Most people know that football is dangerous. We see reports of NFL players with every kind of gruesome injury imaginable. Even suicidal depression, it turns out, is a potential hazard of playing football. Of course playing in the NFL is both rewarding and risky.
There is one common health problem among NFL players, however, that usually goes unmentioned. We thought it was a fitting topic for our workers’ law blog because NFL linemen must embrace this condition in order to stay in peak performance. It’s called chronic obesity.
These days, to be an NFL lineman, you not only have to be fast and strong, you also have to be fat.
Since the 1990s, a growing number of players have followed in the footsteps of William “The Refrigerator” Perry. Since his time, the average weight of an NFL lineman has gone up, and up some more, and players have felt the pressure to keep up by overeating.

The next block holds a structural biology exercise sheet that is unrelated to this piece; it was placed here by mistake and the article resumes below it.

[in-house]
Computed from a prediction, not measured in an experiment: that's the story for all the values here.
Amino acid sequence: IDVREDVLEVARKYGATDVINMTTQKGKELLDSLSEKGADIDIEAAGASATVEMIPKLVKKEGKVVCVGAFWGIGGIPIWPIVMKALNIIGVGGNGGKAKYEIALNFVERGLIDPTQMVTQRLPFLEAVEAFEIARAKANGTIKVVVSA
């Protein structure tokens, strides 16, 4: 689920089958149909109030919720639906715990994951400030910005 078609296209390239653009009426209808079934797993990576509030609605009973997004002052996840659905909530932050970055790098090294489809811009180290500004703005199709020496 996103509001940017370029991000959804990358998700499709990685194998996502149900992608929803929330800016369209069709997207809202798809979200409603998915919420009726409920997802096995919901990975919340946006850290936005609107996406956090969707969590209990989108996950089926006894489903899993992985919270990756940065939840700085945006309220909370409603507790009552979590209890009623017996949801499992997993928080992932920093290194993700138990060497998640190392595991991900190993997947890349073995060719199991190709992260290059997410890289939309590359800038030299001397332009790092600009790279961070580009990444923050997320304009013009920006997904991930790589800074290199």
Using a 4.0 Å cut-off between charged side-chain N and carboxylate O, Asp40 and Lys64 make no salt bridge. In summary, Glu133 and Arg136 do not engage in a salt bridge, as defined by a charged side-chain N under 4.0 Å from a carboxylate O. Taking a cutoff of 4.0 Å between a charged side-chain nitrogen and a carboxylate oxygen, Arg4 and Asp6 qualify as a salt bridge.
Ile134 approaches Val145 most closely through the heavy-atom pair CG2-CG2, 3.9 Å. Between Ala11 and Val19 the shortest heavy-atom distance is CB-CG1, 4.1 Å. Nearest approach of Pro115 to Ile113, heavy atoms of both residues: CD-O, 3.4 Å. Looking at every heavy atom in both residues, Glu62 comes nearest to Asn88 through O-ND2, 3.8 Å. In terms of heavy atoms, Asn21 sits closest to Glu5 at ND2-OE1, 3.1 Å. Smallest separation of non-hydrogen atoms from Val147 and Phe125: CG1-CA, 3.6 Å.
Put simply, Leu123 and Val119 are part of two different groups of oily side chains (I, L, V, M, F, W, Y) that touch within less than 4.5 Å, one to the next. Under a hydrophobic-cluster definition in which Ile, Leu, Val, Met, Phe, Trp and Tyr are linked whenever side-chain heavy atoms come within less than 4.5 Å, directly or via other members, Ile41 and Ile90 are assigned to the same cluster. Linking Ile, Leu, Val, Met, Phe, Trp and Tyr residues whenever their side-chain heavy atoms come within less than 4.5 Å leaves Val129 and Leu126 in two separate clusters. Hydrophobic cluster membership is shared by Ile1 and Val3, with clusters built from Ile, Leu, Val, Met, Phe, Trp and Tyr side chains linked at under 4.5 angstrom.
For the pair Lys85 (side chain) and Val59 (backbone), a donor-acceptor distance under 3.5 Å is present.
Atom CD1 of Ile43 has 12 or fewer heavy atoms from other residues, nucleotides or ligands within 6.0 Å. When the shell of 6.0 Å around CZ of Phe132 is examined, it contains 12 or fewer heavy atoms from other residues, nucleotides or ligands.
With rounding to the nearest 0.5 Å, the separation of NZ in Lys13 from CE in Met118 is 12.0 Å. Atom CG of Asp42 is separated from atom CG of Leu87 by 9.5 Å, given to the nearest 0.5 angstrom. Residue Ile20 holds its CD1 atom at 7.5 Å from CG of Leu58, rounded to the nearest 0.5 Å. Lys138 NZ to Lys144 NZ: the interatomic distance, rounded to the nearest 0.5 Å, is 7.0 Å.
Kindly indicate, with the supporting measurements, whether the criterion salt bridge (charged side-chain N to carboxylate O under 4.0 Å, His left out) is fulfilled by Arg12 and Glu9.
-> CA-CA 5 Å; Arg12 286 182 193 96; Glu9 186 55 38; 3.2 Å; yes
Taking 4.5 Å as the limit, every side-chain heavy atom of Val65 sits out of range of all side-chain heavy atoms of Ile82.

Then, in retirement, players must adjust to everyday life with bodies that are overweight, poor eating habits, and injuries that make it really hard to lose excess pounds.
It isn’t lost on those guys that weighing over 300 pounds is a recipe for a shorter life span. They’ve seen many of their colleagues die young. Reggie White, Hall of Fame defensive end, died of cardiac arrhythmia at age 43. Orlando Bobo, former offensive lineman died in 2007 from heart and liver failure at age 33. And that’s to name just a few.
The fact is that retired NFL linemen have higher death rates than the general public.
Check back with us later this week to see how retired NFL players are coping with this scary side effect of playing professional football.